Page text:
PRESS ASSOCIATION -- Nearly one in five UK youngsters have been the victim of cyber-bullying, with girls affected more than boys, research has suggested.
Many victims said the experience had damaged their confidence, mental health and even school attendance.
The study, by academics at Anglia Ruskin University, questioned almost 500 young people aged between 11 and 19 and almost a fifth (18.4%) admitted they had been subjected to cyber-bullying, in which a person uses the internet or mobile phones to bully another.
Of the 273 girls questioned, 60 (22%) said they had been subjected to cyber-bullying, while out of the 200 boys quizzed 27 (13.5%) said they had faced it. And two thirds (66%) of the young people questioned (312 people) said they had witnessed cyber-bullying or known someone who has been a victim.
The 87 youngsters who had experienced cyber-bullying as victims were asked what impact this had had on them. A third said it had affected their confidence "quite a lot" or "very" much, while half (52%) said cyber-bullying had affected their mental and emotional wellbeing.
Just over a quarter (29%) of those who had been cyber-bullied had stayed away from school, while more than a third (39%) had stopped socialising outside of school.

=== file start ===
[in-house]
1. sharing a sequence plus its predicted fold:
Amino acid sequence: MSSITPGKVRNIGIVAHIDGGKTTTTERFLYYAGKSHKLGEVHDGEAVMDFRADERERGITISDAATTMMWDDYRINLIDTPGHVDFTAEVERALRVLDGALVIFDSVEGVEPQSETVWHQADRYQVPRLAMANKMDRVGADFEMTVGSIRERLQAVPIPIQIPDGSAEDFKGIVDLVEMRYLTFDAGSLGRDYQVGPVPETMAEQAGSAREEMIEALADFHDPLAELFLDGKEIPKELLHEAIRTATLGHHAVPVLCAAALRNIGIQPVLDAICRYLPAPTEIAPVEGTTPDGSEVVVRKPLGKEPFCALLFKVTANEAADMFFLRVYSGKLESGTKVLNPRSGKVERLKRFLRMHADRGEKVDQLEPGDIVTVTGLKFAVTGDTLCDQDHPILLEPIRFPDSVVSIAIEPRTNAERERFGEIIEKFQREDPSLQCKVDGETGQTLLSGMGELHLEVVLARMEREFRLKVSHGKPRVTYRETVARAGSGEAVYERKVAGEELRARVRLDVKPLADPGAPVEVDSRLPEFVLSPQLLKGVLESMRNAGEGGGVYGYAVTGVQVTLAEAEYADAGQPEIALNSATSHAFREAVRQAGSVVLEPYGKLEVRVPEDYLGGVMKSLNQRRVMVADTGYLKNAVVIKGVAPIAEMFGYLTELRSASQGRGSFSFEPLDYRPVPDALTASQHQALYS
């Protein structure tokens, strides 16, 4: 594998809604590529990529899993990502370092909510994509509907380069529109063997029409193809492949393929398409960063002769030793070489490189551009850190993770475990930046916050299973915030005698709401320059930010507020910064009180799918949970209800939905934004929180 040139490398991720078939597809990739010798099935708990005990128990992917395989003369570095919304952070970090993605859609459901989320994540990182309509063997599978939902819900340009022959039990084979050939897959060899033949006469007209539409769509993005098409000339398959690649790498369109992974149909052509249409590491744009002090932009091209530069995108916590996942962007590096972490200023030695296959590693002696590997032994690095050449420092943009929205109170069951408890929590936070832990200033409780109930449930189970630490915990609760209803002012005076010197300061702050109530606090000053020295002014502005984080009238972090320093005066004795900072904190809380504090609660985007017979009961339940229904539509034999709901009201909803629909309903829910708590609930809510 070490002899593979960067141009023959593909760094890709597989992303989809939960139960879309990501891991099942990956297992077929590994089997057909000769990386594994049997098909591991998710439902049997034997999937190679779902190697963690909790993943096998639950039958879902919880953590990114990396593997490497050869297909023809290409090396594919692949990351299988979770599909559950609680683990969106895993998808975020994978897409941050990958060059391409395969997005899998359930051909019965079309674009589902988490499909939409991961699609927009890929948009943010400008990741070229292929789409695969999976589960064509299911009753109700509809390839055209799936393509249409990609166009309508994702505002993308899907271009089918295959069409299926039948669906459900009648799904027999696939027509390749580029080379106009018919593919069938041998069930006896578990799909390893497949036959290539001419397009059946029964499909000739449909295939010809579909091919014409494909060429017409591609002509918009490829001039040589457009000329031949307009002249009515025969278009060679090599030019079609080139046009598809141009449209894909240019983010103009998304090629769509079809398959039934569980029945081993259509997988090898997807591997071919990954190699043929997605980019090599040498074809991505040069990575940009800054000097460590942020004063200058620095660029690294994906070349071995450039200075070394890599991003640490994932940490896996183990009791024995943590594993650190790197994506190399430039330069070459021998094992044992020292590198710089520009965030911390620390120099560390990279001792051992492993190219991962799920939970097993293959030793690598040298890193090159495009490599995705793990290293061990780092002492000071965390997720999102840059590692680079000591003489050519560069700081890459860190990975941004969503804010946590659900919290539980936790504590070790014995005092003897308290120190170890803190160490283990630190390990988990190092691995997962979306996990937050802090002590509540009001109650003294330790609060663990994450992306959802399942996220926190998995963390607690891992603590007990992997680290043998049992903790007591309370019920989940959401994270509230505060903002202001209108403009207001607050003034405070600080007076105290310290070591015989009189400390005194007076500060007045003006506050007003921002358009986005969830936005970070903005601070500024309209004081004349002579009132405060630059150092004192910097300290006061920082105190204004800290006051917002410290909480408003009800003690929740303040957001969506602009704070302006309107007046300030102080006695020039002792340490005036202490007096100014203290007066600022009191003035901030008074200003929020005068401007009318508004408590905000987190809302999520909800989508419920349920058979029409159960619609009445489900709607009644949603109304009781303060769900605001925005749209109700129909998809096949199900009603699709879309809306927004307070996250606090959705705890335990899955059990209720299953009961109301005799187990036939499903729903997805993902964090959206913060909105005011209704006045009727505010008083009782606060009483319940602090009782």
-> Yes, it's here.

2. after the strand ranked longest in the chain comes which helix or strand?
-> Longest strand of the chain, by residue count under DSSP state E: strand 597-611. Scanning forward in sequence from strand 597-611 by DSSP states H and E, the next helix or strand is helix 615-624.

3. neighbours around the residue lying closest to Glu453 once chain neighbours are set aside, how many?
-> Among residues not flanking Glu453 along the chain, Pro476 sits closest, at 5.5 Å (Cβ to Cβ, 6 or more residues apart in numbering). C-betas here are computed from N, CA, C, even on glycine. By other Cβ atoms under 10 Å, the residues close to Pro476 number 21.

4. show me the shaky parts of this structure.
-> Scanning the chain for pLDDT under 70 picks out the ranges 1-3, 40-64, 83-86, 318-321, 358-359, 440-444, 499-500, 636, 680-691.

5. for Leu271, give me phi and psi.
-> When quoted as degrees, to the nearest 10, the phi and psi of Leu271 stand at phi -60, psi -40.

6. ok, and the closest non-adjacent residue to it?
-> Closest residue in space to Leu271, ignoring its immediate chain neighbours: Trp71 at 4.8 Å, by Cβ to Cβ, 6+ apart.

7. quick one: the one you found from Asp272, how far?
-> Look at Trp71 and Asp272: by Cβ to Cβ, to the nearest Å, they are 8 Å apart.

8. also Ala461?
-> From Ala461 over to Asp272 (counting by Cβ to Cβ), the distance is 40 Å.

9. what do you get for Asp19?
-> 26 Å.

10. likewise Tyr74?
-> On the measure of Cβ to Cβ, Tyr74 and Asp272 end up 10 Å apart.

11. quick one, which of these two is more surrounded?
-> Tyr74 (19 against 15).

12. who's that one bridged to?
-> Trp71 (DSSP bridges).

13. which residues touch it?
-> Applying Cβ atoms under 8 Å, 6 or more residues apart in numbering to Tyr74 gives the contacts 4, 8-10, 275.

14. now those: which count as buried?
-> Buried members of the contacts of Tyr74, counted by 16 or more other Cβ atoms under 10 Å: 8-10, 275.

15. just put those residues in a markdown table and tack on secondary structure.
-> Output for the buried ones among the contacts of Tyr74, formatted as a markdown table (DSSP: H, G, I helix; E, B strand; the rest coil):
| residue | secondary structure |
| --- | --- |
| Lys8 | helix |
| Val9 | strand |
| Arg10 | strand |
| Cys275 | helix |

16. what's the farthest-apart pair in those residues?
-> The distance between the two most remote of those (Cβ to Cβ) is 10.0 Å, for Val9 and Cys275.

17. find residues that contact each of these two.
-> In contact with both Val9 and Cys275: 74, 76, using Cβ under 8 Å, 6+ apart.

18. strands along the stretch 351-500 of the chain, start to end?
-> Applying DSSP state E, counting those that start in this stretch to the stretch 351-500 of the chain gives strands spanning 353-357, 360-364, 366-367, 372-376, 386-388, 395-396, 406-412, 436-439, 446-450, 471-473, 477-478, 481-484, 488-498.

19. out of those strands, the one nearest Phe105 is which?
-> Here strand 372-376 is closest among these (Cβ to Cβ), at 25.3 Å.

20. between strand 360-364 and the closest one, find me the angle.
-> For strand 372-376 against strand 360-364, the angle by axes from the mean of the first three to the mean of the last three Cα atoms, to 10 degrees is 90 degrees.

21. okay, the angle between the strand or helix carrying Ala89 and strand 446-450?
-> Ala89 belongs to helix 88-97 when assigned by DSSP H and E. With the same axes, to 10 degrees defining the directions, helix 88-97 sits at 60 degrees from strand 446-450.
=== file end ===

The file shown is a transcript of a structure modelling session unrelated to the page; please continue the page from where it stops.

Of those 188 young people who answered a question about whether they would seek help with cyber-bullying, less than half (45%) said they would look for support. Those that said they would not seek help gave fear of making it worse and being able to deal with it themselves as some of the reasons.
The youngsters who had been cyber-bullied were most likely to seek help from parents and friends, the research found.
Steven Walker, who led the research said: "While most online interactions are neutral or positive the internet provides a new means through which children and young people are bullied."
He added: "As the use of social media amongst young people continues to grow, unless properly addressed by host sites and Government agencies the problem of cyber-bullying is only likely to get worse."